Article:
The Fund will not be looking at NJIT students in the middle of their academic careers, Lutz said. “We want them to be full time, and for this to be the bridge between side hustle and real thing.”
The idea for a fund has been around in many iterations, for several years, said Lutz. Judith Sheft, before she left NJII for the CSIT, was working on a version. “But it was only recently that we figured it out and finally got all the pieces together.”
Spearheaded by Joel Bloom
Lutz attributed that to Joel Bloom, president of NJIT, who reached out to VentureLink incubator after taking note of the progress entrepreneurs had made at VentureLink during the prior two years. He asked what NJIT should be doing next to support the startups.
To reply, the team spent some time mapping out entrepreneurship, from the idea or research — seeing whether it’s problem driven, solution driven or market driven — all the way to stability or fundraising. They found a gap where it came to funding. “We realized this is a hole we should be filling, and this is something that would be appropriate for a university to do.” The VentureLink team wrote the formal proposal to establish the Fund last April.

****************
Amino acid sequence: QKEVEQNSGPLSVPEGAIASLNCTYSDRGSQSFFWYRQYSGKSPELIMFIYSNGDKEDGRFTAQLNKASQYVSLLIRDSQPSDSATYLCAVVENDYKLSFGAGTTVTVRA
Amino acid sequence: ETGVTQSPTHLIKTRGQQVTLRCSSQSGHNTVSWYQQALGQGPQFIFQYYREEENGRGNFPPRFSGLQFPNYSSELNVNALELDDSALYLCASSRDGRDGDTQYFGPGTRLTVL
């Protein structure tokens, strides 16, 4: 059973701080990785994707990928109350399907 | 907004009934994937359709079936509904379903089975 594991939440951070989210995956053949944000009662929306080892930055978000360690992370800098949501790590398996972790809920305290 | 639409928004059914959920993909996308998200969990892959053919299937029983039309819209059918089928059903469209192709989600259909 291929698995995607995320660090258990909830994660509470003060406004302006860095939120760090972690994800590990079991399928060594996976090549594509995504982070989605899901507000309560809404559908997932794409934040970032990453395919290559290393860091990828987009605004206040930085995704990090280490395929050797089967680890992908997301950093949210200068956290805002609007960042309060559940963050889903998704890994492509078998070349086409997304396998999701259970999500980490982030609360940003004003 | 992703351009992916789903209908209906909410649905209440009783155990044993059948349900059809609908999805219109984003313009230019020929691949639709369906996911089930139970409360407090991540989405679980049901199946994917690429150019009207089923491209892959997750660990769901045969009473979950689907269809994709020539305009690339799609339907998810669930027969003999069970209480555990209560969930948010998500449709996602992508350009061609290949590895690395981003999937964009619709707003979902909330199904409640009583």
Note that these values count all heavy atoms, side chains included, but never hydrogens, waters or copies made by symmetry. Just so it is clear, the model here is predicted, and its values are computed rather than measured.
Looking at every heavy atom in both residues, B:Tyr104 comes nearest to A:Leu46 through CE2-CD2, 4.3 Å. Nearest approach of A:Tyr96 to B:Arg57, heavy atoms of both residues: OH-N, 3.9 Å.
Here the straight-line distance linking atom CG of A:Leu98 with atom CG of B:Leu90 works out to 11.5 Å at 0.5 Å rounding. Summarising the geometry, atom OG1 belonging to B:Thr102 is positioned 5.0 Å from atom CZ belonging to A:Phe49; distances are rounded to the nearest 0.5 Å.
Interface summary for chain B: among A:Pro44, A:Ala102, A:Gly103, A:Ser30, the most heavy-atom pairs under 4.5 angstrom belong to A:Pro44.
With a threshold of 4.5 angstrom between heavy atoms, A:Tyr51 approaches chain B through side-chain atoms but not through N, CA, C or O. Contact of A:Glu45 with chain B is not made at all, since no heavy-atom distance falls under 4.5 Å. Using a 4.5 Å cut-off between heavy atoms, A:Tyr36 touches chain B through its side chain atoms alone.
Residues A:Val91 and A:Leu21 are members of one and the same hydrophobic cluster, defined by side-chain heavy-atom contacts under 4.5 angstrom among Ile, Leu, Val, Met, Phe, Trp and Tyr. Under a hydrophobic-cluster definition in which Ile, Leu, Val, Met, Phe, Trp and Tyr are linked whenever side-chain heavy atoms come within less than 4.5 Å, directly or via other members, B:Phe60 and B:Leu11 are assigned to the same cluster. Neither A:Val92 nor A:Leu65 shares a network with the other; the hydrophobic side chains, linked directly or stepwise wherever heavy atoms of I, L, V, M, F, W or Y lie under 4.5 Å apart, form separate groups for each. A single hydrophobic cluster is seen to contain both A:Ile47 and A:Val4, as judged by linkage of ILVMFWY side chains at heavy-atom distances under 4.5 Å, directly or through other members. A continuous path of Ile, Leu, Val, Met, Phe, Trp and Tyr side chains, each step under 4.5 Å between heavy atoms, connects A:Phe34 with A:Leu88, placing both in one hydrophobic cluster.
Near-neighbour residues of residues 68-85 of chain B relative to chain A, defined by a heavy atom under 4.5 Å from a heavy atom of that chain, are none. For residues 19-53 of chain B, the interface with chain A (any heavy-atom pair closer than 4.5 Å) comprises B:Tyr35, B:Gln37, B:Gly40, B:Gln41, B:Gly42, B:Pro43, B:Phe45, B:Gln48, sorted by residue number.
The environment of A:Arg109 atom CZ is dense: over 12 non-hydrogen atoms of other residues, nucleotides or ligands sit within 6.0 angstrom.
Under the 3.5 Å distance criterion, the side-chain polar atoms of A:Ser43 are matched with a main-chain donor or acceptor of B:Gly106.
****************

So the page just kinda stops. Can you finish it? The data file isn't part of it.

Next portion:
In any university, there are a lot of stakeholders who must sign off when something gets approved. In this case, the Board of Trustees was involved in deciding where the resources should go, President Bloom’s office steered the ship, and the VentureLink incubator staff was involved in the entrepreneurship aspects of the proposal. “But it all came together quickly. No one said, ‘We shouldn’t be doing that.’ We didn’t have to convince anyone,” Lutz stated.
The pathways into entrepreneurship need to be available for everyone, not just those with resources.Will Lutz, VentureLink